Daf Notes Chagigah Daf 14

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Tzvi Gershon Ben Yoel (Harvey Felsen) o”h

May the studying of the Daf Notes be a zechus for his neshamah
and may his soul find peace in Gan Eden and be bound up in the Bond of life.

The Gemora cites a braisa: Rabbi Shimon the pious said: These (those who were ordained) are the nine hundred and seventy-four generations that were ordained originally to be created, before the world was created, but ultimately, they were not created. The Holy One, Blessed be He, went and planted them in each and every generation, and these are the bold-faced people in the generation.


And Rav Nachman bar Yitzchak said: the verse, “those who were cut down” is actually written as a blessing: These are Torah scholars who cut down on their sleep (in order) to study the words of Torah in this world. The Holy One, Blessed be He, will reveal secrets to them in the World to Come, as it is written: Their secrets will be like a pouring river. (13b – 14a)


Shmuel told Chiya bar Rav, “Son of the lion! Let me relate to you a good matter that your father said. Every day angles are created from the River of Dinor and they sing HaShem’s praises and they disappear. This is based on a verse that states, they are new every morning, great is Your faithfulness.”


The Gemora notes: This statement is not in accordance with the opinion of Rabbi Shmuel bar Nachmeini who said in the name of Rabbi Yonasan that every utterance of HaShem creates a new angel, as it is said, by the word of HaShem the heavens were made, and by the breath of His mouth all their host. (14a)


The Gemora notes a contradiction: One verse states: His garment was white as snow, and the hair of His head like clean wool. Yet, another verse states: His crowns hold mounds of statutes written in raven-black flame.


The Gemora answers that this is not difficult: The first verse refers to HaShem as old in the context of a Rabbinical academy, because an old man epitomizes a Torah sage, whereas the second verse refers to HaShem in battle, because a young man epitomizes battle; for the master stated: there is nothing better in a Rabbinical academy than an elder, and there is nothing better in a battle than a youth. (14a)


The Gemora notes another contradiction: One verse states: His throne was of fiery flames, which implies that HaShem has one throne, whereas a second verse states: as thrones were set up, and the One of Ancient Days sat, which implies that HaShem has two thrones.


The Gemora answers: The resolution to this discrepancy is that the second verse that was quoted refers to the throne of HaShem and the throne of Dovid HaMelech, as it has been taught in a braisa: One throne is for HaShem and the other throne for Dovid HaMelech; these are the words of Rabbi Akiva, whereas Rabbi Yose HaGelili maintains that to suggest that HaShem has a human sitting next to Him on a throne would render the Divine Presence profane. Rather, Rabbi Yose HaGelili maintains that one throne is for justice and one throne is for charity.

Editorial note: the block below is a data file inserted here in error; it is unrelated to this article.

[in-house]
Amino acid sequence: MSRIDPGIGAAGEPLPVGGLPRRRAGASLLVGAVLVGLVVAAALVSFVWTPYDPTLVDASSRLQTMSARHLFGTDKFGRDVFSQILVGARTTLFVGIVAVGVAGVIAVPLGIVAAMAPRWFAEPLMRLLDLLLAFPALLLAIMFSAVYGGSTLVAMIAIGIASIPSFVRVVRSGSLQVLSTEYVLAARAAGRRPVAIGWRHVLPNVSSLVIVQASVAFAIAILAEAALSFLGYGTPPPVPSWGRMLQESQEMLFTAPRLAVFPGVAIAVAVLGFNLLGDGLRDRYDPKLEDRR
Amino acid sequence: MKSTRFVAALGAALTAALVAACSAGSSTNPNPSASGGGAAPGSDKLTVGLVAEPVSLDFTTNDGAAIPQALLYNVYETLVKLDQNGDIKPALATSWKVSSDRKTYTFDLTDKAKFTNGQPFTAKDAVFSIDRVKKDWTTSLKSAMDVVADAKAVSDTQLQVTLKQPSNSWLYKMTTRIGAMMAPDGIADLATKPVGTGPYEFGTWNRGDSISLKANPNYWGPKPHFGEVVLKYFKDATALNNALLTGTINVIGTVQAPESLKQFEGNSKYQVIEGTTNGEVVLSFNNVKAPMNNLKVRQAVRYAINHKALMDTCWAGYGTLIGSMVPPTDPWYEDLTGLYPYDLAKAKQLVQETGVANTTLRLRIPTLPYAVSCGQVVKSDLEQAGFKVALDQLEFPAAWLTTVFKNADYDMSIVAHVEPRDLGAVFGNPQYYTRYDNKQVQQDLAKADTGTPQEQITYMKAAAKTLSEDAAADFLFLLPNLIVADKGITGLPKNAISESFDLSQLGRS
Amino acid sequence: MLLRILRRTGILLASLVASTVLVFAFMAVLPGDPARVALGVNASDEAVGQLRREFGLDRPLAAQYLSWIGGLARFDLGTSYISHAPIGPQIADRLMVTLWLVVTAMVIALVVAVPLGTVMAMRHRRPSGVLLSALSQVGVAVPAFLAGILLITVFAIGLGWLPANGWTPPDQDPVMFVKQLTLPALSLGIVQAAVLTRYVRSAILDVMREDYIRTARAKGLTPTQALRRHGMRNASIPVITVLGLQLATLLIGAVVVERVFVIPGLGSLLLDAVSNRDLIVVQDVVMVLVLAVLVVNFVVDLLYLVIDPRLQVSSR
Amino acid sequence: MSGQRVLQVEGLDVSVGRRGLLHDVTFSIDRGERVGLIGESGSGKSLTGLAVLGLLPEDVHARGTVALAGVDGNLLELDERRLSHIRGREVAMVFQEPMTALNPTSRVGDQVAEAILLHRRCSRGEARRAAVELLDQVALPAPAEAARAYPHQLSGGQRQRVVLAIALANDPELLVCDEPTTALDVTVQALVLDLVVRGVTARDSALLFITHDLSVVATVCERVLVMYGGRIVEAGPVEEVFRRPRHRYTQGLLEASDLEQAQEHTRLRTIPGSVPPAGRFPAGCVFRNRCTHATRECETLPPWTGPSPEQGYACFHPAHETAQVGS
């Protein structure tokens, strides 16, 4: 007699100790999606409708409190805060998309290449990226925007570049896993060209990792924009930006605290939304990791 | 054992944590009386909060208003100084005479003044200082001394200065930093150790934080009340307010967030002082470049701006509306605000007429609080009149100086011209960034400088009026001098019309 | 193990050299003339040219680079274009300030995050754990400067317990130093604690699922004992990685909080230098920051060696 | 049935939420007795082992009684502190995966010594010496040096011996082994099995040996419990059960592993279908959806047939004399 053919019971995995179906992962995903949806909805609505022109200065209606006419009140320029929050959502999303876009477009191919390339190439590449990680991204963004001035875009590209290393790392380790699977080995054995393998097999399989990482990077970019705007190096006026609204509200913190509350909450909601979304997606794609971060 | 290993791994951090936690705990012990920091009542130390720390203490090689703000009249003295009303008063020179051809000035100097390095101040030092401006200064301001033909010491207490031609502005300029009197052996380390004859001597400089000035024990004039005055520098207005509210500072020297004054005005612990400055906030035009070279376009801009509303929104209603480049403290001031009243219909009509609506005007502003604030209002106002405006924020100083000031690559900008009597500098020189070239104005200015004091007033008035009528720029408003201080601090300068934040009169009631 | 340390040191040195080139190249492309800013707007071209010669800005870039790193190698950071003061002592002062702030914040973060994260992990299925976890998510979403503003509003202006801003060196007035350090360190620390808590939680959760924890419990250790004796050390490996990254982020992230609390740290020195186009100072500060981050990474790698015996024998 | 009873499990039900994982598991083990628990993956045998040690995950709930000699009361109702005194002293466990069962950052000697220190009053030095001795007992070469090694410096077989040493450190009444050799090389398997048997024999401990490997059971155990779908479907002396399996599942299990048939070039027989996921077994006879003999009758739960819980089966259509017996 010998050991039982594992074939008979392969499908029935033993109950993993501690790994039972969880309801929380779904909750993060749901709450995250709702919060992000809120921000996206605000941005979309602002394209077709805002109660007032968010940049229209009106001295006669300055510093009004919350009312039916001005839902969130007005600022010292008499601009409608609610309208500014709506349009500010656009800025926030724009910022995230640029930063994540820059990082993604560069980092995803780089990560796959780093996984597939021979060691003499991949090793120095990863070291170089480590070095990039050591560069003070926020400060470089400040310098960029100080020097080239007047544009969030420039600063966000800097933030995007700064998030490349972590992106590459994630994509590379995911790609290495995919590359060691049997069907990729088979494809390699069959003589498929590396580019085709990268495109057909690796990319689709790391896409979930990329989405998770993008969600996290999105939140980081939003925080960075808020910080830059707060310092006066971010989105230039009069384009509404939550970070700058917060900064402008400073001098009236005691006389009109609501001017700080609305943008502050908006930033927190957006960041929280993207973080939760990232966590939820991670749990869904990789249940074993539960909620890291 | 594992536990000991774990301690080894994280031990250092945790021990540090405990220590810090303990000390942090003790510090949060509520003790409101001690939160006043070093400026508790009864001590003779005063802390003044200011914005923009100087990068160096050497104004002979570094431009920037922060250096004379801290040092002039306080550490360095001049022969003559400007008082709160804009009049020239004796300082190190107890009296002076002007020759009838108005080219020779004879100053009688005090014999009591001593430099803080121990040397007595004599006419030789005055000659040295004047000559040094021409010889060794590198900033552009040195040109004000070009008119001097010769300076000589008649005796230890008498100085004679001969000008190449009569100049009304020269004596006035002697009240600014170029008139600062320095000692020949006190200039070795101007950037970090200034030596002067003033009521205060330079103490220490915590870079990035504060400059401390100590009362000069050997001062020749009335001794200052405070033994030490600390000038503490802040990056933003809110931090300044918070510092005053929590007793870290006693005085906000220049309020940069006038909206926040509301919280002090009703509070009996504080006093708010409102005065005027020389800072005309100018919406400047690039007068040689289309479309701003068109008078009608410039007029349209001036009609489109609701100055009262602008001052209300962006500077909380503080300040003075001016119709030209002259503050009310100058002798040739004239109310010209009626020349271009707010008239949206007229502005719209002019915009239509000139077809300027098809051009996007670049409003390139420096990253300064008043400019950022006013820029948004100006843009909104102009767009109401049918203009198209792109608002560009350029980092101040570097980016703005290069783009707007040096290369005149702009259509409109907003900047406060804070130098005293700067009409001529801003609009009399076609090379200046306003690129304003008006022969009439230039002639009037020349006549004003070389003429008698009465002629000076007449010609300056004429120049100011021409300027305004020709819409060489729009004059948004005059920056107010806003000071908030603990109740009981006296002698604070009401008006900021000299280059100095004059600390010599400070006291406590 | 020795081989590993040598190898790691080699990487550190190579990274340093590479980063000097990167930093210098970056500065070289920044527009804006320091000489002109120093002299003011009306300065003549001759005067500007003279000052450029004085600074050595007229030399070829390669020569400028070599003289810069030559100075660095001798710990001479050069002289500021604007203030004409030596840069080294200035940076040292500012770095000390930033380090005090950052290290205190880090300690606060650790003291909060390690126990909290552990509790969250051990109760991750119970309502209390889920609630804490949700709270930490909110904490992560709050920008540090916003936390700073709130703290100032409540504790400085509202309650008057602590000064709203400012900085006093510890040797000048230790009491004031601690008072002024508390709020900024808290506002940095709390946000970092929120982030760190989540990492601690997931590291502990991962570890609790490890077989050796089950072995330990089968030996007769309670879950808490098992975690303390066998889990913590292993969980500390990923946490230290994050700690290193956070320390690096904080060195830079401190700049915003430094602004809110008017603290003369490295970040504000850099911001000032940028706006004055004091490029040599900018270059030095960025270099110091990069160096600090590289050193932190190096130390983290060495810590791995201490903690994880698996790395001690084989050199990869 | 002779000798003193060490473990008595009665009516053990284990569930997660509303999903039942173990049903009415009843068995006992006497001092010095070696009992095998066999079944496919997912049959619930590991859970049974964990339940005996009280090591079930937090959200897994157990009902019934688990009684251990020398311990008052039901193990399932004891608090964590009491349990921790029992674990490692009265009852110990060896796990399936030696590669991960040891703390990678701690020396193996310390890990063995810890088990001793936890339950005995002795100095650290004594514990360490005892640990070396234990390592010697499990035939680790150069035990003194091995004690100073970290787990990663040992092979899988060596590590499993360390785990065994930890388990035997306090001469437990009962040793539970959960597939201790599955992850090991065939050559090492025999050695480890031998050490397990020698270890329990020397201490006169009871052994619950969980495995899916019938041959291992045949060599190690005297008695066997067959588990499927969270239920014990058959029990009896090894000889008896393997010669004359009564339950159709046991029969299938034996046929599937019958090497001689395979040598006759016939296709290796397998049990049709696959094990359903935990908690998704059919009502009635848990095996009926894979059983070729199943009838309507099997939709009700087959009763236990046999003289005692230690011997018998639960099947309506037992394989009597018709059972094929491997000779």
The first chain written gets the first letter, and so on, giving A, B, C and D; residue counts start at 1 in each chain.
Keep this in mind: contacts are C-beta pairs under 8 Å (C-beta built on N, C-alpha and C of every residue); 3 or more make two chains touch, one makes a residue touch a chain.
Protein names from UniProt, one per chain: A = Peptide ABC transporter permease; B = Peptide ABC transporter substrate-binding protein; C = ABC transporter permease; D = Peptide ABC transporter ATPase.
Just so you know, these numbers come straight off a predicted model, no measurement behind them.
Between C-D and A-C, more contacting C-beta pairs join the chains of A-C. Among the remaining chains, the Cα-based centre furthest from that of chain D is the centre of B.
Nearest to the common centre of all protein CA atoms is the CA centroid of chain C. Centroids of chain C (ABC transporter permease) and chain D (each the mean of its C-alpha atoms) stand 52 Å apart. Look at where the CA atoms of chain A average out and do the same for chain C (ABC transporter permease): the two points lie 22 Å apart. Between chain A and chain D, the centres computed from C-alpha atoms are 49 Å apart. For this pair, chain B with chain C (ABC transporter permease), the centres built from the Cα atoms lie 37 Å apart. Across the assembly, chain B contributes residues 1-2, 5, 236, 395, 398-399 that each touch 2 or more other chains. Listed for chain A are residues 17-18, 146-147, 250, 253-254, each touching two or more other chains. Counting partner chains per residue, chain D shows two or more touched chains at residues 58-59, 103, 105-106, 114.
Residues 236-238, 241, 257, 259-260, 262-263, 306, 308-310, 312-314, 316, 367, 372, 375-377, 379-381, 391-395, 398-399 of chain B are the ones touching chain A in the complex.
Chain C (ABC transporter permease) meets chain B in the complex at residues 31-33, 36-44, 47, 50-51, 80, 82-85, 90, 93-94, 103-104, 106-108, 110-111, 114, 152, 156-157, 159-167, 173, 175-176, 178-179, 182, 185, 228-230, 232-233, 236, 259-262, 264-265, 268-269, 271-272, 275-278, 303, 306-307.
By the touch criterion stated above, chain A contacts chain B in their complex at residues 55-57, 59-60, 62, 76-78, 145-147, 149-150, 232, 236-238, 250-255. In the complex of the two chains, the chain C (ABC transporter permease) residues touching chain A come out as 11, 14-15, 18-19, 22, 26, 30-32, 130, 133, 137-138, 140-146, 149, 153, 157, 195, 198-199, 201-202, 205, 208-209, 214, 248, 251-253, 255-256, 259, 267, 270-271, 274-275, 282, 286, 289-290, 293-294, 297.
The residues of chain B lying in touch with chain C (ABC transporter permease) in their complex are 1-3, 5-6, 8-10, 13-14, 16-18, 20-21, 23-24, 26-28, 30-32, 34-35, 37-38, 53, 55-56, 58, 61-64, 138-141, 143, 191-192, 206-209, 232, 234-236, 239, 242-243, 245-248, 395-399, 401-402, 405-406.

The Gemora inquires: did Rabbi Akiva accept this interpretation, or not?


The Gemora resolves this from a braisa: One throne is for justice and one throne is for charity; these are the words of Rabbi Akiva.


The braisa continued: Rabbi Eliezer Ben Azaryah rebuked Rabbi Akiva for expounding on Agaddic matters. He said to him: Akiva, what is your connection with Aggadah? Cease your talk until you reach the topics of Negaim and Oholos (laws of tumah and taharah, which are complex and more fitting for Rabbi Akiva); rather, one throne is for His chair and one throne is for His footstool. The chair is for Him to sit upon, and the stool is for Him to use as a footrest, for it is said: The heaven is My throne, and the earth is My footstool. (14a)


When Rav Dimi came (to Bavel from Eretz Yisroel), he said: Eighteen curses did Yeshaya pronounce upon the Jewish people (tribulations that would happen to them), yet he was not pacified until he pronounced upon them this verse: The child shall behave insolently against the elderly, and the base against the respectable.


The Gemora asks: What are the eighteen curses?


The Gemora answers: It is written: For, behold, the Lord, Hashem, Master of Legions, does take away from Jerusalem and from Judah support and mainstay; every support of bread, and every support of water; the mighty man, and the man of war; the judge and the prophet, and the diviner, and the elder; the captain of fifty; and the respected man, and the counsellor, and the scholar of scholars, and the comprehender of whispers. And I will give children to be their leaders, and mockers shall rule over them, etc.


1] ‘Support’ — this means the masters of the Scriptures. 2] ‘Mainstay’ — this means the masters of the Mishnah, like Rabbi Yehudah ben Teima and his colleagues.


Rav Pappa and the Rabbis dispute the extent of their mastery of the Mishnah: One says that there were six hundred orders of the Mishnah (while currently there are only six), and the other said that there were seven hundred orders of the Mishnah.